2020 is a presidential election year. On November 3rd, U.S. voters will determine who will be president for the next four years. On the same day, hundreds of other elections will select candidates at the state and local level. This year, the University of Michigan will be hosting a debate between the presidential candidates on October 15 at the Crisler Center. While international students, like other non-U.S. citizens, cannot vote in U.S. elections, you can participate in other ways.
You can talk to members of the campus community who are eligible to vote and learn about issues that affect higher education in general and international students in particular, as well as international relations. Many campus conversations will touch on the election this year, so learning about the issues, the candidates, and the outcomes offers you an opportunity to connect with others on campus and deepen your understanding of U.S. culture and politics.
1. Educate Yourself: Learn about the U.S. election systems and why voting is a fundamental part of the U.S. democracy. In a presidential election year, understand the difference between the primaries, in which the major political parties select their candidates, and the general election, which happens every four years on the first Tuesday in November.
2. Be Curious: Ask your American classmates and friends about their views on the candidates who they find most appealing and the issues that they find most important.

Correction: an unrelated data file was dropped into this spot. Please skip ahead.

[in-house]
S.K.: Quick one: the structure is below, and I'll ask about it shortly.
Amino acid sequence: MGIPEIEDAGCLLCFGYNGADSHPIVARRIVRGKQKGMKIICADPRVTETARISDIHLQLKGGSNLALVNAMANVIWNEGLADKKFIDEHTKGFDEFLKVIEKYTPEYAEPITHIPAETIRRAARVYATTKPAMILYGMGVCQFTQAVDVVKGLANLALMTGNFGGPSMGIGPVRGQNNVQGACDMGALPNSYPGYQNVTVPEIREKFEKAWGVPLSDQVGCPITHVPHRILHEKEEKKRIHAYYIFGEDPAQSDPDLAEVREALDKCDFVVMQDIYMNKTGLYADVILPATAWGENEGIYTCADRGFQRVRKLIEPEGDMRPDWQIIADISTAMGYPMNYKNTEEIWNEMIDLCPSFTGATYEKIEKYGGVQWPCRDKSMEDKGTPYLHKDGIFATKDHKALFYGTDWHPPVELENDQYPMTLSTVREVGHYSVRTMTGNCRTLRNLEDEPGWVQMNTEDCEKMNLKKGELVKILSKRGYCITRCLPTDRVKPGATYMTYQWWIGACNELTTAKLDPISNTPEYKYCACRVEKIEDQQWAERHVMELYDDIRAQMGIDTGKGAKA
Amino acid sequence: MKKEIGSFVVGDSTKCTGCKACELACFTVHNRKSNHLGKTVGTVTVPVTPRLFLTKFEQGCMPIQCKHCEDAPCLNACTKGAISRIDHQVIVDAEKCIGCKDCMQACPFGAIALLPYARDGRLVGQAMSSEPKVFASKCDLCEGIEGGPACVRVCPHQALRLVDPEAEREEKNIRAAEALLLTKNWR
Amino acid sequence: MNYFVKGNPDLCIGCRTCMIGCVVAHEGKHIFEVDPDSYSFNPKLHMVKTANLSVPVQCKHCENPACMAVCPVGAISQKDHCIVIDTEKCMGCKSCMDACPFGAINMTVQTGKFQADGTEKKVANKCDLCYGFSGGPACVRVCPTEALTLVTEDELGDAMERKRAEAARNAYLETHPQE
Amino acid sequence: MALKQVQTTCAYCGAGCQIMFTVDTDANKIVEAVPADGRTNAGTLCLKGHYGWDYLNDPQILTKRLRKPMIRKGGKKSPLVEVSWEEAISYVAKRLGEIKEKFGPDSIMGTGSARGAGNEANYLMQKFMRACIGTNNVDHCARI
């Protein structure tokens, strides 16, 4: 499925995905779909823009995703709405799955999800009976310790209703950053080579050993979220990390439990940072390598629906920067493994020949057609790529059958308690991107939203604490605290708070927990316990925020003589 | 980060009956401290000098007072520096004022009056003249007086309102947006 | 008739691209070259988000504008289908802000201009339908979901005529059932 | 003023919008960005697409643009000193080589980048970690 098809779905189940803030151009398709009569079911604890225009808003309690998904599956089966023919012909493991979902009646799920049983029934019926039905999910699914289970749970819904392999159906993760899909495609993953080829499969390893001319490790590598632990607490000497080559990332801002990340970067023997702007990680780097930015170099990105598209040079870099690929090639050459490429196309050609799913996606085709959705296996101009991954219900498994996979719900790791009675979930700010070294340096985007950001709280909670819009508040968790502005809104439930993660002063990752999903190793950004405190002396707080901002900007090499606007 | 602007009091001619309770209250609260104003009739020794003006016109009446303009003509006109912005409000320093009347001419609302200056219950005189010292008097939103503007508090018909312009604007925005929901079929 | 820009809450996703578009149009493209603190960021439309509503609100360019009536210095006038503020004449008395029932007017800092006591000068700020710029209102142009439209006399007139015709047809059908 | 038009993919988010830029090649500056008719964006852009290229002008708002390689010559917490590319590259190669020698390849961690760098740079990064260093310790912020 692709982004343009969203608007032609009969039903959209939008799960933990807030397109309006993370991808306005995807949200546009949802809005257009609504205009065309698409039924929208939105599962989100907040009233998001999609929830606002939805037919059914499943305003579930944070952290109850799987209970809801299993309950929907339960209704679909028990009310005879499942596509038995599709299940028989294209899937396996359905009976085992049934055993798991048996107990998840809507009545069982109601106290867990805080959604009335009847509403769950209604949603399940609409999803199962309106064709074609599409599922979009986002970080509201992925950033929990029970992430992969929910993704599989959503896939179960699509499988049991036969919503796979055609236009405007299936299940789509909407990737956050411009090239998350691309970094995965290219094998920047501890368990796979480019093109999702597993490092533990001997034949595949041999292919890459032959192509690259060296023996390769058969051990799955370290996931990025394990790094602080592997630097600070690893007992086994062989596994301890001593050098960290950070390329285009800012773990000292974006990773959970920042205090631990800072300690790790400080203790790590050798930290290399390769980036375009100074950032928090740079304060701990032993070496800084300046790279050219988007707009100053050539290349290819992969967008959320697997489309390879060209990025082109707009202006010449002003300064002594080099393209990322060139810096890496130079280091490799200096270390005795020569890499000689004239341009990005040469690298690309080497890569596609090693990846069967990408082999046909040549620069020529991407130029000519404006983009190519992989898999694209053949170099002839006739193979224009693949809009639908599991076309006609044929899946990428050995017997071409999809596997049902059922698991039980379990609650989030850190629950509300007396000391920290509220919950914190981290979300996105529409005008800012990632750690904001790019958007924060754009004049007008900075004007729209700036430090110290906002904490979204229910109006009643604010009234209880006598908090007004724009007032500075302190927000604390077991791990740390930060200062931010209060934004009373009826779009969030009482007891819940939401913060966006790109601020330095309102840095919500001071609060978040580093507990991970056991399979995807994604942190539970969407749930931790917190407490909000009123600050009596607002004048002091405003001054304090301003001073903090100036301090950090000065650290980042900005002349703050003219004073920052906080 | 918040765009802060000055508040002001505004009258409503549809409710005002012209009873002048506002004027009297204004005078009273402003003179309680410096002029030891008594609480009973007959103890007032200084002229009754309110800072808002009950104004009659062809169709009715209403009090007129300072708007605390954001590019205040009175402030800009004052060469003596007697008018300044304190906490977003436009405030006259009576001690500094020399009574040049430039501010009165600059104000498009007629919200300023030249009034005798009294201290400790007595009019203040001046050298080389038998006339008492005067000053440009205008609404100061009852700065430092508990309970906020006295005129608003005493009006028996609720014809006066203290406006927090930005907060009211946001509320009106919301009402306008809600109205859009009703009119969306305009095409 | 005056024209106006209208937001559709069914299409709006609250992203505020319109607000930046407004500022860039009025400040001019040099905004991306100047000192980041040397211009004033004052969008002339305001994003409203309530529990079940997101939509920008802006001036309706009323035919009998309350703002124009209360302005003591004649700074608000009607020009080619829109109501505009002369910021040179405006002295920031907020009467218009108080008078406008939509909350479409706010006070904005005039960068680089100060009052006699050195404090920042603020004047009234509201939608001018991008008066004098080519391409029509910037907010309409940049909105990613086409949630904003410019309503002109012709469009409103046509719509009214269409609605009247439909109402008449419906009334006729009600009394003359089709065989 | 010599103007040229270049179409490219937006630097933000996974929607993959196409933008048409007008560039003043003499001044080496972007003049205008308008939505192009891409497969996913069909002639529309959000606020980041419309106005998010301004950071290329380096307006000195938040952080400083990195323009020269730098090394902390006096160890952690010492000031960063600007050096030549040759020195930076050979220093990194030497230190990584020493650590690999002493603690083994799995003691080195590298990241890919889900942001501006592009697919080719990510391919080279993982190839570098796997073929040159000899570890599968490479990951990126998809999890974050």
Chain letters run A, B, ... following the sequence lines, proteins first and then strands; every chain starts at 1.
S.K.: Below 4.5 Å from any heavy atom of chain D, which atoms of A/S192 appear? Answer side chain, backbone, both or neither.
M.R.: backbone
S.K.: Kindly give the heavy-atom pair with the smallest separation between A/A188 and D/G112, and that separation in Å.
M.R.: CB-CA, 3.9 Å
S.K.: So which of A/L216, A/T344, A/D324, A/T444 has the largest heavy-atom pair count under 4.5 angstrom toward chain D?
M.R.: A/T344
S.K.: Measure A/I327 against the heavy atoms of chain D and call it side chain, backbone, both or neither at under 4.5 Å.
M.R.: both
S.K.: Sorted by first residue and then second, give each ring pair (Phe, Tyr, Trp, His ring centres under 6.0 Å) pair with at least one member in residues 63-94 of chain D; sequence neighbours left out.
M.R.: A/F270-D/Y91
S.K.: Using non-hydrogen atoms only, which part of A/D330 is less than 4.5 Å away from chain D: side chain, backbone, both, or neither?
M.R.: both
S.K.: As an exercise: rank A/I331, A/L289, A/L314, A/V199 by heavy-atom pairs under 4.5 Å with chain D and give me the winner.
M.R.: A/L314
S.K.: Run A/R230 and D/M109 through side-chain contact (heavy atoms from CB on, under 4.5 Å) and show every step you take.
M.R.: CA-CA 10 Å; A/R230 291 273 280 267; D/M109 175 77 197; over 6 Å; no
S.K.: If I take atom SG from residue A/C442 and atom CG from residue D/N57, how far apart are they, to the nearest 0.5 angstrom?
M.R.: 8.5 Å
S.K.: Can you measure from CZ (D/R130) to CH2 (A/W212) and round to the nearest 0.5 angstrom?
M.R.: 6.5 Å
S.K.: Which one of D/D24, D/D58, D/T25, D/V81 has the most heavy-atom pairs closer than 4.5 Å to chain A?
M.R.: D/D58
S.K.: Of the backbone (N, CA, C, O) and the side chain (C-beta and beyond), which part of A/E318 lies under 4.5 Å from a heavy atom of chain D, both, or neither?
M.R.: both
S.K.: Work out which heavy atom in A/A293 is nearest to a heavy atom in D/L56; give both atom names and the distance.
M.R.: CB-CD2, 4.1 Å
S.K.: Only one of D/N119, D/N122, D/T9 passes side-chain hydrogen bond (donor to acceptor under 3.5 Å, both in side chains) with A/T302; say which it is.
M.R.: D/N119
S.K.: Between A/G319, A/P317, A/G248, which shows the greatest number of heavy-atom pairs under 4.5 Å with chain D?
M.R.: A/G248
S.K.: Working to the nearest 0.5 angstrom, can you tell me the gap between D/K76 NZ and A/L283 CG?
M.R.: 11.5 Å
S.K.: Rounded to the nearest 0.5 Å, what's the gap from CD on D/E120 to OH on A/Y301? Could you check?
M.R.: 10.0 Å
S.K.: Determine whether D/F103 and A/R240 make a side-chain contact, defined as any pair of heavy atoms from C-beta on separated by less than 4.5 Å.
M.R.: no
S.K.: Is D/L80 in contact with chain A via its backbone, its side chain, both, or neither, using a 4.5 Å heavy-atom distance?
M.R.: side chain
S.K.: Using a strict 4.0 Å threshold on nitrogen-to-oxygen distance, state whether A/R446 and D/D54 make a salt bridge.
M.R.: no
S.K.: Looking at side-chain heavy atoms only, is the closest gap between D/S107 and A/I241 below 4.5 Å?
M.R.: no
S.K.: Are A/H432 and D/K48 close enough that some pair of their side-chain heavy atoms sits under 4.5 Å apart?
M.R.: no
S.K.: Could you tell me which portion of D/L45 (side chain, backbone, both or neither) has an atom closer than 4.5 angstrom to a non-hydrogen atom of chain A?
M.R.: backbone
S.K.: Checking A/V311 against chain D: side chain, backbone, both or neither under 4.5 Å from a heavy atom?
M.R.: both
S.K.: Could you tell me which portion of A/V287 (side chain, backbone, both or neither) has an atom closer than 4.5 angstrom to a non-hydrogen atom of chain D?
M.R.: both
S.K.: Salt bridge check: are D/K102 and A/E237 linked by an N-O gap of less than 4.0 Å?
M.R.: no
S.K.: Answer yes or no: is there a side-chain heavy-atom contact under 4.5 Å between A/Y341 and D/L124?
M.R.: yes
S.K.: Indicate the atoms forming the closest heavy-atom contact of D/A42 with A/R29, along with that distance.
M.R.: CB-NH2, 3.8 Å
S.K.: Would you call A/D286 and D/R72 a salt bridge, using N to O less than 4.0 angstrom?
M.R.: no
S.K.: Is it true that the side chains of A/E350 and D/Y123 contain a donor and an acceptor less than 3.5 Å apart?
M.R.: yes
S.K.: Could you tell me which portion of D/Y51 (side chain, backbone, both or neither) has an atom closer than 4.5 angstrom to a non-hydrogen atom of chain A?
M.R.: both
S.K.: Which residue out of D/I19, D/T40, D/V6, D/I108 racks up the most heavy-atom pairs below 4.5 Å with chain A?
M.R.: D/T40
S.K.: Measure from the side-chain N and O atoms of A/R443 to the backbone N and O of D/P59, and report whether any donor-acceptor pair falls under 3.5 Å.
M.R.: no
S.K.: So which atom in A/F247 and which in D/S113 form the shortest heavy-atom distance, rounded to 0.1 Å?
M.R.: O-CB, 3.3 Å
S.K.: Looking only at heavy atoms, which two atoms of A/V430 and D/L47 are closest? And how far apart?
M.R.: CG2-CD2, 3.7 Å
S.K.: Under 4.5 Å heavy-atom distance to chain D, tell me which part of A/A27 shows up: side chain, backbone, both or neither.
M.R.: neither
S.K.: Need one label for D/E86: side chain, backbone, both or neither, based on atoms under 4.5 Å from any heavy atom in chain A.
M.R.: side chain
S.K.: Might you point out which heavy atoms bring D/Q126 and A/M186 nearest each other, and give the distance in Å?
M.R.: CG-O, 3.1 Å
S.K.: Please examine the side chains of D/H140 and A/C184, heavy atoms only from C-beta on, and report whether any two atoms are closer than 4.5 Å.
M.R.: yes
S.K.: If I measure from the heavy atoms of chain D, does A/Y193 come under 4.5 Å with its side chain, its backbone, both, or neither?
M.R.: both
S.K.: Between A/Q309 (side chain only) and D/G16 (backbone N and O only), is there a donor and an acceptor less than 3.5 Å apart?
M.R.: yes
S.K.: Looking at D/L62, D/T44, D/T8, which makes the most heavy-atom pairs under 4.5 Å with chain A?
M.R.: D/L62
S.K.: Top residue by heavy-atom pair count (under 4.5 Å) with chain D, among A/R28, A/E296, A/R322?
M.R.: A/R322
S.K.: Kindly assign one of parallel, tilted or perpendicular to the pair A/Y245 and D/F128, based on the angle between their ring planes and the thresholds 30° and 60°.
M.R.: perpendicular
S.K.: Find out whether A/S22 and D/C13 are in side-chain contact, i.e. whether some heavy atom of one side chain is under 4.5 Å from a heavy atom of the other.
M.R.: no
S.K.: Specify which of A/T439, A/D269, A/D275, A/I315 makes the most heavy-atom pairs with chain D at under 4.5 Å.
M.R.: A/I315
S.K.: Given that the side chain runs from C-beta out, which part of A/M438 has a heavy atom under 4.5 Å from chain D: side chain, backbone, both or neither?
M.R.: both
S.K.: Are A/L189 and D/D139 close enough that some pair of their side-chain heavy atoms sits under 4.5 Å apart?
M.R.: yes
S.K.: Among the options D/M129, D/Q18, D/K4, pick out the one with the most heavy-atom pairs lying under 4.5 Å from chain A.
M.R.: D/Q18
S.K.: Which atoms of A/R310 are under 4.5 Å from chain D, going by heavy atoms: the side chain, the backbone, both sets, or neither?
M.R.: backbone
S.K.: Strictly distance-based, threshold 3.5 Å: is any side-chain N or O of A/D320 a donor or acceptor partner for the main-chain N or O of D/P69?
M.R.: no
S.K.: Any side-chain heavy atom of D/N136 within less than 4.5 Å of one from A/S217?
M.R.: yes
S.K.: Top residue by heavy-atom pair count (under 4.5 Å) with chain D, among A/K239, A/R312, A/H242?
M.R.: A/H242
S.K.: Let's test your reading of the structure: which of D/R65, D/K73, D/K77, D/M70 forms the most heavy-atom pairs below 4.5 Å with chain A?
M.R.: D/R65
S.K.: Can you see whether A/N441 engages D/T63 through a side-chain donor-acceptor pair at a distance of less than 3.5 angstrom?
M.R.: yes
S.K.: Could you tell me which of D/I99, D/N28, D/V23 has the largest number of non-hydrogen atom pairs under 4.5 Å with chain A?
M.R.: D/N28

3. Attend an Event: Keep an eye out for debate and election result watching parties hosted by campus organizations on the University Calendar. These events could include the Primary Elections in Michigan (March 10), the Democratic Convention (July 13-16), the Republican Convention (August 24-27), and the Presidential Election (November 3).
4. Vet Your Sources: Seek legitimate, non-partisan news sources. Be sure that you are looking at the factual news- not just opinions or social media posts.
5. Think Local: Get to know the candidates in Michigan and the ballot issues at the candidate websites and general sites including these:
6. Remind Your Friends to Vote: This election is too important for those who can vote to stay at home. College students have busy schedules, so it is important that they make a plan to vote. Remind your friends to schedule a time to vote!
7. Familiarize Yourself with Campus-based Initiatives: Check out U-M’s Ginsberg Center’s website for more information on campus-based voting efforts including the Big Ten Voting Challenge.
8. Run for Campus Office: There are plenty of elected positions within student organizations, including U-M’s Central Student Government and Rackham Student Government, where you can influence the activities, policies, and climate at the University. Run for office – and vote in student elections!
9. Keep Things in Perspective: If you don’t understand something, that’s OK. It takes time to fully understand the history, current events, and politics of another country. What’s important is deepening your understanding of life in the U.S. and connecting with other students, faculty, and staff around issues that are important to them -- and to you!